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PUREBRED DOGS A Guide to Today's Top
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PAPILLONS ARE MORE THAN PARTS & PIECES
by CHARLOTTE CLEM MCGOWAN
P apillon people like to say that the Papillon is a do-it-all dog. Papillons are gregarious, ele- gant, smart and athletic dogs. They are happy in the showring, perfor- mance ring and in the homes and hearts of their owners. They can be trained to do all kinds of things. They will go with you on a 5-mile walk, play fetch or they will cuddle on the couch for many hours and snuggle in bed at night. They love their comfort. As a companion dog they certainly excel. When judges come to this breed in the Toy group and are learning about it, they will get various opinions on the “essence” of the breed. Hopefully the list they get will be long and detailed but will also indicate that this is a breed that is a whole dog—beautifully typey, sound in all ways and temperamentally exceptional. The goal is the whole dog but the pieces and parts need to be cor- rect as well. TYPE POINTS Papillons have a number of distinc- tive type points. These are the lovely details that distinguish the breed and when appearing in one dog tell the world it is a Papillon. Papillons are dainty and fine boned. You will not find a lot of breeds asking for these traits. They are dainty and fine boned, but not fragile. This is the bal- let dancer of dogdom. The daintiness and fineness contribute to the breed’s elegance. Papillons have hare feet, another part of being dainty and fine. The majority of breeds have round or oval feet. The hare foot is a bit longer with the center toes advanced. Papillons are distinguished by their large, butterfly-like fringed ears. Papil- lon ears are large, broad at the base, round at the tips and set at a 45-degree angle like the spread wings of a butter- fly. The ears may be erect or dropped, but they are still set at 45 degrees to the head. In Europe, the breed is called Epagneul Nain Continental or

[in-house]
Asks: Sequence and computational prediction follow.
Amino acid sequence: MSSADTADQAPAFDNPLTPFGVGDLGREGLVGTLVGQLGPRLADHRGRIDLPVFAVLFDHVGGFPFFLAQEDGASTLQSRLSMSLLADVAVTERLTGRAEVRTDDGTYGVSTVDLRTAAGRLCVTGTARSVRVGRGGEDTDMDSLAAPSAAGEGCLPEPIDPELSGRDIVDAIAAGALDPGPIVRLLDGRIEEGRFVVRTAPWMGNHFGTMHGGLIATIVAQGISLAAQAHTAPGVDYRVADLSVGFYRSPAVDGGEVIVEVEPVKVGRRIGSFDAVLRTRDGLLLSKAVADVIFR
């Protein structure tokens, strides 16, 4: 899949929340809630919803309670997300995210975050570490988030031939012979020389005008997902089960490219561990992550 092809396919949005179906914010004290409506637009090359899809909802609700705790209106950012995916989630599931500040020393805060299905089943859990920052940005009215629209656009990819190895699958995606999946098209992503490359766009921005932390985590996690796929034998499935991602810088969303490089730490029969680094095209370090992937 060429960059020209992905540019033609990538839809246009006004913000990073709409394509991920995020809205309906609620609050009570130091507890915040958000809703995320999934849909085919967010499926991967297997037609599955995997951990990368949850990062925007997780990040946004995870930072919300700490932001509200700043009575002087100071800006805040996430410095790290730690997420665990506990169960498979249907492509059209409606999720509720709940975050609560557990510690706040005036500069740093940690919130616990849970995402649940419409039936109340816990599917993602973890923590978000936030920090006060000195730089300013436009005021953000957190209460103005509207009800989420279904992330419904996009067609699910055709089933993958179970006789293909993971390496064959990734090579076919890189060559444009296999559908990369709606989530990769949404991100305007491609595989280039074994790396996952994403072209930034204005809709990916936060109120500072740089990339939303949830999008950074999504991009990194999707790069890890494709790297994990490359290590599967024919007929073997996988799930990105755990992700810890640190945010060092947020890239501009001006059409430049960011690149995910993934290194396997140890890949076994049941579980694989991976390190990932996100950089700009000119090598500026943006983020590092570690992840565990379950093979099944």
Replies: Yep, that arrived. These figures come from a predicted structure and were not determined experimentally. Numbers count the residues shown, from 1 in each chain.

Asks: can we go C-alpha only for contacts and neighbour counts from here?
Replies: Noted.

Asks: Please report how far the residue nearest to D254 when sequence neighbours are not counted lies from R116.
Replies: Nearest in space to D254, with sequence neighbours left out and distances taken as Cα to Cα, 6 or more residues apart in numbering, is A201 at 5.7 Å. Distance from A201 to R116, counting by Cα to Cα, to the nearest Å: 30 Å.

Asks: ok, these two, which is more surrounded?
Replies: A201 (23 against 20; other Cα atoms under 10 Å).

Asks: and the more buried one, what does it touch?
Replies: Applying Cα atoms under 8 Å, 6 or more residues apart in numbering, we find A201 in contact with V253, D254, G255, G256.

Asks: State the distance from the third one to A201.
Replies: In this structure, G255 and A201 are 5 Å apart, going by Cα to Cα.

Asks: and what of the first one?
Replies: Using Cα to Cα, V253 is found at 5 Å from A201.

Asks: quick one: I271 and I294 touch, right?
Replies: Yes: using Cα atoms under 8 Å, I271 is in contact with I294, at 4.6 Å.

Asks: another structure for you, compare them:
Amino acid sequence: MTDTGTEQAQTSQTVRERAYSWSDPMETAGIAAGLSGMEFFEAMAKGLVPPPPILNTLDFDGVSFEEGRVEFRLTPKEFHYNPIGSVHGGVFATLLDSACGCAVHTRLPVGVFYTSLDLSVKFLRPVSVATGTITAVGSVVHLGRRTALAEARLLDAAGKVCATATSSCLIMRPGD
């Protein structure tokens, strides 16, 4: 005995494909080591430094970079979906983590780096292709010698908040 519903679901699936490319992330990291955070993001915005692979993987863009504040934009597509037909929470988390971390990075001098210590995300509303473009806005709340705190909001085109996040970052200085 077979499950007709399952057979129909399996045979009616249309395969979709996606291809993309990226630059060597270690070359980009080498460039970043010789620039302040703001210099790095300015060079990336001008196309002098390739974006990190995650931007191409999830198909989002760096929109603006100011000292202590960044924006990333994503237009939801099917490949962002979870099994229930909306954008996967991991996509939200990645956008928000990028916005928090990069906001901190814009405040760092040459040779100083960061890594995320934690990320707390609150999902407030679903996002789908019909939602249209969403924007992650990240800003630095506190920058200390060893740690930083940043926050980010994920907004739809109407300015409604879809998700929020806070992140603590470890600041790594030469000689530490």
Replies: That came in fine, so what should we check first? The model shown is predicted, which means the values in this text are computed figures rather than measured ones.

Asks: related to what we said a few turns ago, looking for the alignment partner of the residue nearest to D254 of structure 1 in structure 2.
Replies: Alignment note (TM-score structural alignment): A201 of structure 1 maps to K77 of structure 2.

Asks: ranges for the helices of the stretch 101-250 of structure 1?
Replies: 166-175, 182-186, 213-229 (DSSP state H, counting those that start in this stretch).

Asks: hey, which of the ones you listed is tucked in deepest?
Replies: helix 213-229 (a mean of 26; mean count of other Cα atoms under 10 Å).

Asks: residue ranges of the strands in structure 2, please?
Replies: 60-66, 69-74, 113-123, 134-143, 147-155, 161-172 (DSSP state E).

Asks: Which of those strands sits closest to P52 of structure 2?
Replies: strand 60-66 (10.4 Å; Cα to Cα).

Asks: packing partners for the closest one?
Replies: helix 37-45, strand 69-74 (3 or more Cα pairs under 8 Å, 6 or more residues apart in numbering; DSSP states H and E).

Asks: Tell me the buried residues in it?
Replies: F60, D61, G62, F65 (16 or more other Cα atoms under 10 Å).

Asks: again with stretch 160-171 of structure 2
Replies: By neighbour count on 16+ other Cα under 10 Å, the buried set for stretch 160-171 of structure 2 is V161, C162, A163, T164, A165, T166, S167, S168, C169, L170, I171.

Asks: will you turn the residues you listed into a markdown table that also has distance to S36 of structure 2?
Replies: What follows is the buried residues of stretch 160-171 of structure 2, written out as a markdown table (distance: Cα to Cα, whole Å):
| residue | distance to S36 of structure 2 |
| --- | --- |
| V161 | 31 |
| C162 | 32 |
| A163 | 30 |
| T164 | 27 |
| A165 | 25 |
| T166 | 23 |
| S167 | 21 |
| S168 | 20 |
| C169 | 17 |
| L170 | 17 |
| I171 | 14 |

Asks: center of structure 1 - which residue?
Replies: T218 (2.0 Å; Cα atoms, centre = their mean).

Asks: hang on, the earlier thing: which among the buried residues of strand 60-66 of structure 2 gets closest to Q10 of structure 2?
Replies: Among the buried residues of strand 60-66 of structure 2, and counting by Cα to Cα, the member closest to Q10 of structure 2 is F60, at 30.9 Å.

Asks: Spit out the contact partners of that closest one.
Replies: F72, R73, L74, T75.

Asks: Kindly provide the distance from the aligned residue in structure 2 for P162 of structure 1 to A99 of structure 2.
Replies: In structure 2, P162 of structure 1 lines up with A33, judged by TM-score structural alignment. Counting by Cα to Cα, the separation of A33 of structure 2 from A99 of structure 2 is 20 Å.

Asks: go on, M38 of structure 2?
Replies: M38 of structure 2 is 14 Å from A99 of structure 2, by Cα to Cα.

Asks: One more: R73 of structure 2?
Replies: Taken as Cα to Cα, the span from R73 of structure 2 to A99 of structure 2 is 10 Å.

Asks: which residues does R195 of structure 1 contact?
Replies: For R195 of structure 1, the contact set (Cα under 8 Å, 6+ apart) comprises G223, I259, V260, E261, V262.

“PAPILLONS ARE GREGARIOUS, ELEGANT, SMART AND ATHLETIC DOGS.”